To be clear, when disabled people move their bodies and belongings in the particular ways they do, they do not perform “just another body technique.” Instead, they bring into being what is otherwise an inherently absent world-counterpart (or rather what is absent as a counterpart in already materialized affordances). I claim this because neither Ahmet had access to a toilet with grab bars, nor the Syrian father to a prosthesis. Neither did my interlocutor (figure 2) own or even know of the adapted tool next to her image. And yet they were able to imagine the affordances of such “assistive” tools, devices and accessible places in and through their movements and impromptu creations. It is exactly to these ingenious choreographies, creative hacks and workarounds, with which disabled people make the environment afford action possibilities that it did not initially seem to afford, that I refer to as micro-activist affordances. I define micro-activist affordances as micro, unfinished, ephemeral acts of world-building, with which disabled people literally make up, and at the same time make up for, whatever affordance that fails to readily materialize in their environments. Micro-activist affordances are ways of occupying niches “that are yet to be occupied” (Gibson 1979, 128), especially when existing niches of the world fail our sick, impaired, maimed and non-fitting bodies and minds persistently and pervasively.
Why the need for a critical disability theory of affordances?
No doubt we all do things differently. Further this difference is always already embedded in the notion of affordances (making the proposal of a new theory sound perhaps redundant). But I feel the need to go beyond Gibson’s theory (and its existing interpretations) because to come up with affordances where none exists in actuality, to make up for what one is not provided with conveniently, to carve out a livable niche in an inherently inhospitable world is nothing trivial is, in fact, a 24/7 labor and an act of activism that needs to be acknowledged, articulated and theorized. Hence my proposal for a theory of micro-activist affordances. Micro-activist affordances is, simultaneously, a call to rethink what counts as disability activism, who gets to practice it, and under which conditions.
Of course, we cannot understand what could possibly be “activist” about these affordances if we limit our understanding of activism to fight for civil rights, freedom from barriers, and to intentional and explicit acts targeting public space. But if we think of activism as bringing new ways of being into life, then these affordances very much so count as activism. Micro-activist affordances, in the way I define them, are humble acts of world-building that occur within the most micro of moments and the most ordinary of actions, perhaps without any explicit intention of “changing the world” or an audience present to acknowledge such fortitude. Micro-activist affordances bring what Friedner and Cohen term “inhabitable worlds” (2015) into life albeit within the transience of performance and without a solid claim on what those worlds should be or look like. In fact, we can think of micro-activist affordances as the imagining of, what some scholars call, “accessible futures,” and actualizing these imagined futures within the very act of doing; within the ephemerality of performance where things can always be imagined otherwise. When a micro-activist affordance emerges, it is “as if” an accessible future already existed in the here and now of performance, as “a future in the present” (Muñoz 2009, 49), and we are yet to recognize and inhabit these futures. Micro-activist affordances are how we bring accessible futures into being regardless of geography and what makes us disabled (ableism, barriers, illness, pain, debilitation).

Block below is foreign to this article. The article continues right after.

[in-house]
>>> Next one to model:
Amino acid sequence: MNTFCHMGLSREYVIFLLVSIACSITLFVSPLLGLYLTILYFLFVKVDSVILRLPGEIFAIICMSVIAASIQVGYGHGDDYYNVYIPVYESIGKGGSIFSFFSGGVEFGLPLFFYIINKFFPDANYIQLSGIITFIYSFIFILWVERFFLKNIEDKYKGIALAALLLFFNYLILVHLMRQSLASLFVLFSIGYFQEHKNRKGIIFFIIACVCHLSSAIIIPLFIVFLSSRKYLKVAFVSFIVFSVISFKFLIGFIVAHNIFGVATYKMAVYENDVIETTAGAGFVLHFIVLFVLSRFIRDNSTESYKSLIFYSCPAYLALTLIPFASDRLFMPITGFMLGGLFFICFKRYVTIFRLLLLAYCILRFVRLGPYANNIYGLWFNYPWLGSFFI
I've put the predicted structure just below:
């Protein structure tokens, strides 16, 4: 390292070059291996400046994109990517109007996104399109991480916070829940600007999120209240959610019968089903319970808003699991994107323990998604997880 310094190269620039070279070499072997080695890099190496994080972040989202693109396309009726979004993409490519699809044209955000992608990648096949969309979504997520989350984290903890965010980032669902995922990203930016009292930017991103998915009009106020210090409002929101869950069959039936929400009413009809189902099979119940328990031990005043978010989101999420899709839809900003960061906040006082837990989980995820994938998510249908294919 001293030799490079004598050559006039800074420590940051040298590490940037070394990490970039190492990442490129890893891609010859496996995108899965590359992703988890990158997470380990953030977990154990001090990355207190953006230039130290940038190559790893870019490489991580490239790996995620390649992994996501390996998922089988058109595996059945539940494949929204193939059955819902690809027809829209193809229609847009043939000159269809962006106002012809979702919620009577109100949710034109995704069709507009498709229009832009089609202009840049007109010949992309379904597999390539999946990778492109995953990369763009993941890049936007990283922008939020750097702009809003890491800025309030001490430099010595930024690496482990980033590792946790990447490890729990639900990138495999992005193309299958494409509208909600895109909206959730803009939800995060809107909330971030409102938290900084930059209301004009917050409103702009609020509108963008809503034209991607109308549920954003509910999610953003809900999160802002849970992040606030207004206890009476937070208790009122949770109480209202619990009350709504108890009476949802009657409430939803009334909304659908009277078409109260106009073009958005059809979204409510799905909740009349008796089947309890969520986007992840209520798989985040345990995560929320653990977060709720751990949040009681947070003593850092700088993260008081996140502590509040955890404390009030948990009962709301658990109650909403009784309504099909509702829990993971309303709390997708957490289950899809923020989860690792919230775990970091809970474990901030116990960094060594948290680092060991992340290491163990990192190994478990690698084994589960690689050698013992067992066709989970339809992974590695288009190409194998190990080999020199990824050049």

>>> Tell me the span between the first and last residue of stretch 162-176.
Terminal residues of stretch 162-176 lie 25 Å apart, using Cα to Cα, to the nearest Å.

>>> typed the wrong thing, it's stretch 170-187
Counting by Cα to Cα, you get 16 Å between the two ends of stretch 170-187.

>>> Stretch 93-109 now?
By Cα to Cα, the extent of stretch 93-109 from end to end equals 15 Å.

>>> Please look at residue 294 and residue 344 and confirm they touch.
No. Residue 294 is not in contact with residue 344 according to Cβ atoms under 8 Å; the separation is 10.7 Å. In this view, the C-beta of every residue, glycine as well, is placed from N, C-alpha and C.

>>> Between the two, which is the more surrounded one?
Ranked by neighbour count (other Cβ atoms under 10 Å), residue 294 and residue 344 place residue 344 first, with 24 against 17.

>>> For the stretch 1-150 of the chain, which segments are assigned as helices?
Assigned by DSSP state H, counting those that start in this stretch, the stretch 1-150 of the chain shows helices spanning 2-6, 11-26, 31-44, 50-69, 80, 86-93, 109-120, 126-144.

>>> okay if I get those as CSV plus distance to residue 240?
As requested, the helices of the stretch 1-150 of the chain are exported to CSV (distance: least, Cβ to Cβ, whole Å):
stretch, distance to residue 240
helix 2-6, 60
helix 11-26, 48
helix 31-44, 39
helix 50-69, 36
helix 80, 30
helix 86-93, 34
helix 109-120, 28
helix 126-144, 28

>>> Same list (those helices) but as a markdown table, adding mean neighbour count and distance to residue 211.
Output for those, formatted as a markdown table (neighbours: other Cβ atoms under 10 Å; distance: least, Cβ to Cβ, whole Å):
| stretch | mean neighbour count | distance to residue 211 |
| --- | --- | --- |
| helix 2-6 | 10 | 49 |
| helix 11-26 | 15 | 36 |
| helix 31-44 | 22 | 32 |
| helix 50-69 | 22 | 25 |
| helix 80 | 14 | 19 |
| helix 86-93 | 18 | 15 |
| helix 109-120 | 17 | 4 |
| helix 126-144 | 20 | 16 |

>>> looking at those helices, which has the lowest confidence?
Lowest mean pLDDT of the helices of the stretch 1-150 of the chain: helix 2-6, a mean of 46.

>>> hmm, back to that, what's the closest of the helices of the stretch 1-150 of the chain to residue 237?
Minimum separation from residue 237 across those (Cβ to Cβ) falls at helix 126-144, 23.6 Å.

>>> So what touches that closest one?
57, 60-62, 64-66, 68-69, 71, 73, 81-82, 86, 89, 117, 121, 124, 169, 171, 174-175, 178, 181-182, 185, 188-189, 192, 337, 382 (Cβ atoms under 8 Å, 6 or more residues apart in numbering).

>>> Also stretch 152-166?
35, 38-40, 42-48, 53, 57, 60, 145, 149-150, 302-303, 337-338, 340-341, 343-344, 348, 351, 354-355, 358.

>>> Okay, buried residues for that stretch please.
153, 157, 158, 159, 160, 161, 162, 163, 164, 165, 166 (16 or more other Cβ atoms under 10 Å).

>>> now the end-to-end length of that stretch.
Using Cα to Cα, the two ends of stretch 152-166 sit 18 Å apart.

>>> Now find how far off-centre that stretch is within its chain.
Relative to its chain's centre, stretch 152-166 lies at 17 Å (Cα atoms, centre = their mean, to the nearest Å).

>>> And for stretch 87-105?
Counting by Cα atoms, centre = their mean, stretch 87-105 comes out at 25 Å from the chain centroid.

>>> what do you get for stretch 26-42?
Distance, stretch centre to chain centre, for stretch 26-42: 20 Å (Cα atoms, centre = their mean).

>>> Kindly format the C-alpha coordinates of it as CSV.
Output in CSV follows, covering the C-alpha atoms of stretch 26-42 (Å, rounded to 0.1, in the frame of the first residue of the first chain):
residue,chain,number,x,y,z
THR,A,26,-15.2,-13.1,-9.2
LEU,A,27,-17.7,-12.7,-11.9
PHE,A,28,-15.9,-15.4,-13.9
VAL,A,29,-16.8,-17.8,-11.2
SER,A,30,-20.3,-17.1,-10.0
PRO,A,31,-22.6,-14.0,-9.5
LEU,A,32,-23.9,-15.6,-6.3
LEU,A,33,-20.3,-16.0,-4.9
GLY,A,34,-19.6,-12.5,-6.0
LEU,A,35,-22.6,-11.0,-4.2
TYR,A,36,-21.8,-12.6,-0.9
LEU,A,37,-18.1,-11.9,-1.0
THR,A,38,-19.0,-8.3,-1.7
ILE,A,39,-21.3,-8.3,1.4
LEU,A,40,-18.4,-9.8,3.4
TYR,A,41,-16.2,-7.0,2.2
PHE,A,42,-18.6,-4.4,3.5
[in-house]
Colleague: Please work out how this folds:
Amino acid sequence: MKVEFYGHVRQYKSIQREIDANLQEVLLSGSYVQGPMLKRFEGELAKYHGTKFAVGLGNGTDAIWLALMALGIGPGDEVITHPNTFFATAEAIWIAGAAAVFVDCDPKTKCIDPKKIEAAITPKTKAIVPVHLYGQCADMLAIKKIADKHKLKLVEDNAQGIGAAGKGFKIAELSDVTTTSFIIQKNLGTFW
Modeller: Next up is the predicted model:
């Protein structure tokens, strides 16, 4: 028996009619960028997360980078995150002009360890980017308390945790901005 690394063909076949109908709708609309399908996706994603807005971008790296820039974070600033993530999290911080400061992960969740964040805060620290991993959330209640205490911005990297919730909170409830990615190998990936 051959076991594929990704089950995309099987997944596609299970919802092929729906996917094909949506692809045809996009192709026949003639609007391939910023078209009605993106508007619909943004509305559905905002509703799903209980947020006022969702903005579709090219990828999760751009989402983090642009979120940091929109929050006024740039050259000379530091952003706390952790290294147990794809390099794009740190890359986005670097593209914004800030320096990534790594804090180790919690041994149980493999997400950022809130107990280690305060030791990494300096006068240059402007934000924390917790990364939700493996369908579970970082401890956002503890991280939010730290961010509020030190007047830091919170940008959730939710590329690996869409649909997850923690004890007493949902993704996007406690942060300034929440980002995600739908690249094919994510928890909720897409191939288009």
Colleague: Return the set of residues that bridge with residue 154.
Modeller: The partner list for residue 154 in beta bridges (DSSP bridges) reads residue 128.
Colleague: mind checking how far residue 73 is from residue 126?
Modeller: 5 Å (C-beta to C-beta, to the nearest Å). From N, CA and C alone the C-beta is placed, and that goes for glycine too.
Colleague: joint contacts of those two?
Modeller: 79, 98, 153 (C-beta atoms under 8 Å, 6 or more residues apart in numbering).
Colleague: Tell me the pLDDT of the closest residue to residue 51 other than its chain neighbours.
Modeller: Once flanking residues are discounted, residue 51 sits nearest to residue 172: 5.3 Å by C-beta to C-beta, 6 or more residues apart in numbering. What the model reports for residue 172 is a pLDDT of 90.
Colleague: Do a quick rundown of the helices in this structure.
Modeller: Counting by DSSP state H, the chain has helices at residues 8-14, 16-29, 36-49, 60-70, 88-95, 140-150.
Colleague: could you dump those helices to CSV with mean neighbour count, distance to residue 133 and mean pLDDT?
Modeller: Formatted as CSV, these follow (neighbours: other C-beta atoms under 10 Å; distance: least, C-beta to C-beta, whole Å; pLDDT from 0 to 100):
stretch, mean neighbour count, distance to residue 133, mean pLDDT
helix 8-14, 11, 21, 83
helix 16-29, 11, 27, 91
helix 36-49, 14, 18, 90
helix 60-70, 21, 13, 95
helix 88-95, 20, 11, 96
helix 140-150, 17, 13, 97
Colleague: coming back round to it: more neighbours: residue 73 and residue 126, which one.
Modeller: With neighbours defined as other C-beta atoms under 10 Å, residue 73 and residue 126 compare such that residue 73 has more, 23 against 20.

Maarten van Westen (2018) discusses how the specificities of Obsessive-Compulsive Disorder (and dementia) result in the “shrinking life-worlds” of patients as the affordances around them become less relevant. In my ecological definition of disability, however, I propose that it is disability that is experienced as the narrowing down of the environment, and its already utilized affordances, and that this narrowing down is not specific to a disease category; but is, in fact, a general condition of the experiencing of disability regardless of its causation.
 See Al Jazeera News. 2018. Syrian girl who used tuna cans for legs receives prosthetic limbs. https://www.aljazeera.com/news/2018/07/syrian-girl-tuna-cans-legs-receives-prosthetic-limbs-180707083338874.html
Dokumaci, Arseli. 2013. “On Falling Ill.” Performance Research 18, no. 4: 107–115.
Dokumaci, Arseli. Forthcoming. “A Theory of Micro-activist Affordances: Disability, Improvisation and Disorienting Affordances.” The South Atlantic Quarterly.
Friedner, Michele, and Emily Cohen. 2015. “Inhabitable Worlds: Troubling disability, debility, and ability narratives.” Somatosphere. April 20. http://somatosphere.net/2015/04/inhabitable-worlds-troubling-disability-debility-and-ability-narratives.html.
Gibson, James. 1979. The Ecological Approach to Visual Perception. Hillsdale: Lawrence Erlbaum Associates.
Hendren, Sara and Caitrin Lynch. 2016. Engineering at Home. Accessed at http://engineeringathome.org/.
Kafer, Alison. 2013. Feminist, Queer, Crip. Bloomington: Indiana University Press.
Leder, Drew. 1990. The Absent Body. Chicago, IL: University of Chicago Press.
Muñoz, José Esteban. 2009. Cruising Utopia: The Then and There of Queer Futurity. New York: NYU Press.
Puar, Jasbir. 2017. The Right to Maim: Debility, Capacity, Disability. Durham: Duke University Press.
Scarry, Elaine. 1985. The Body in Pain: The making and unmaking of the world, Oxford: Oxford University Press.
van Westen, Maarten. 2018. “Opening up Shrinking Life-worlds.” Somatosphere, October 1. http://somatosphere.net/2018/10/opening-up-shrinking-life-worlds.html
Arseli Dokumaci is an Assistant Professor in the
Department of Communication Studies Department at Concordia University. Her
interdisciplinary research and media-creations explore how disabled people
reimagine the everyday, make, and improvise vital affordances. She is currently
working on her monograph, Micro-activist
Affordances: An Ecological Approach to Disability and Performance. “Disability
from the South: Toward a Lexicon” is a series edited
by Michele Friedner and Tyler Zoanni. Contributors in this series consider what
changes in theorizations of disability when research is located in places
marked “Southern” and offer reconfigurations of keywords and concepts typically
utilized in the study of disability.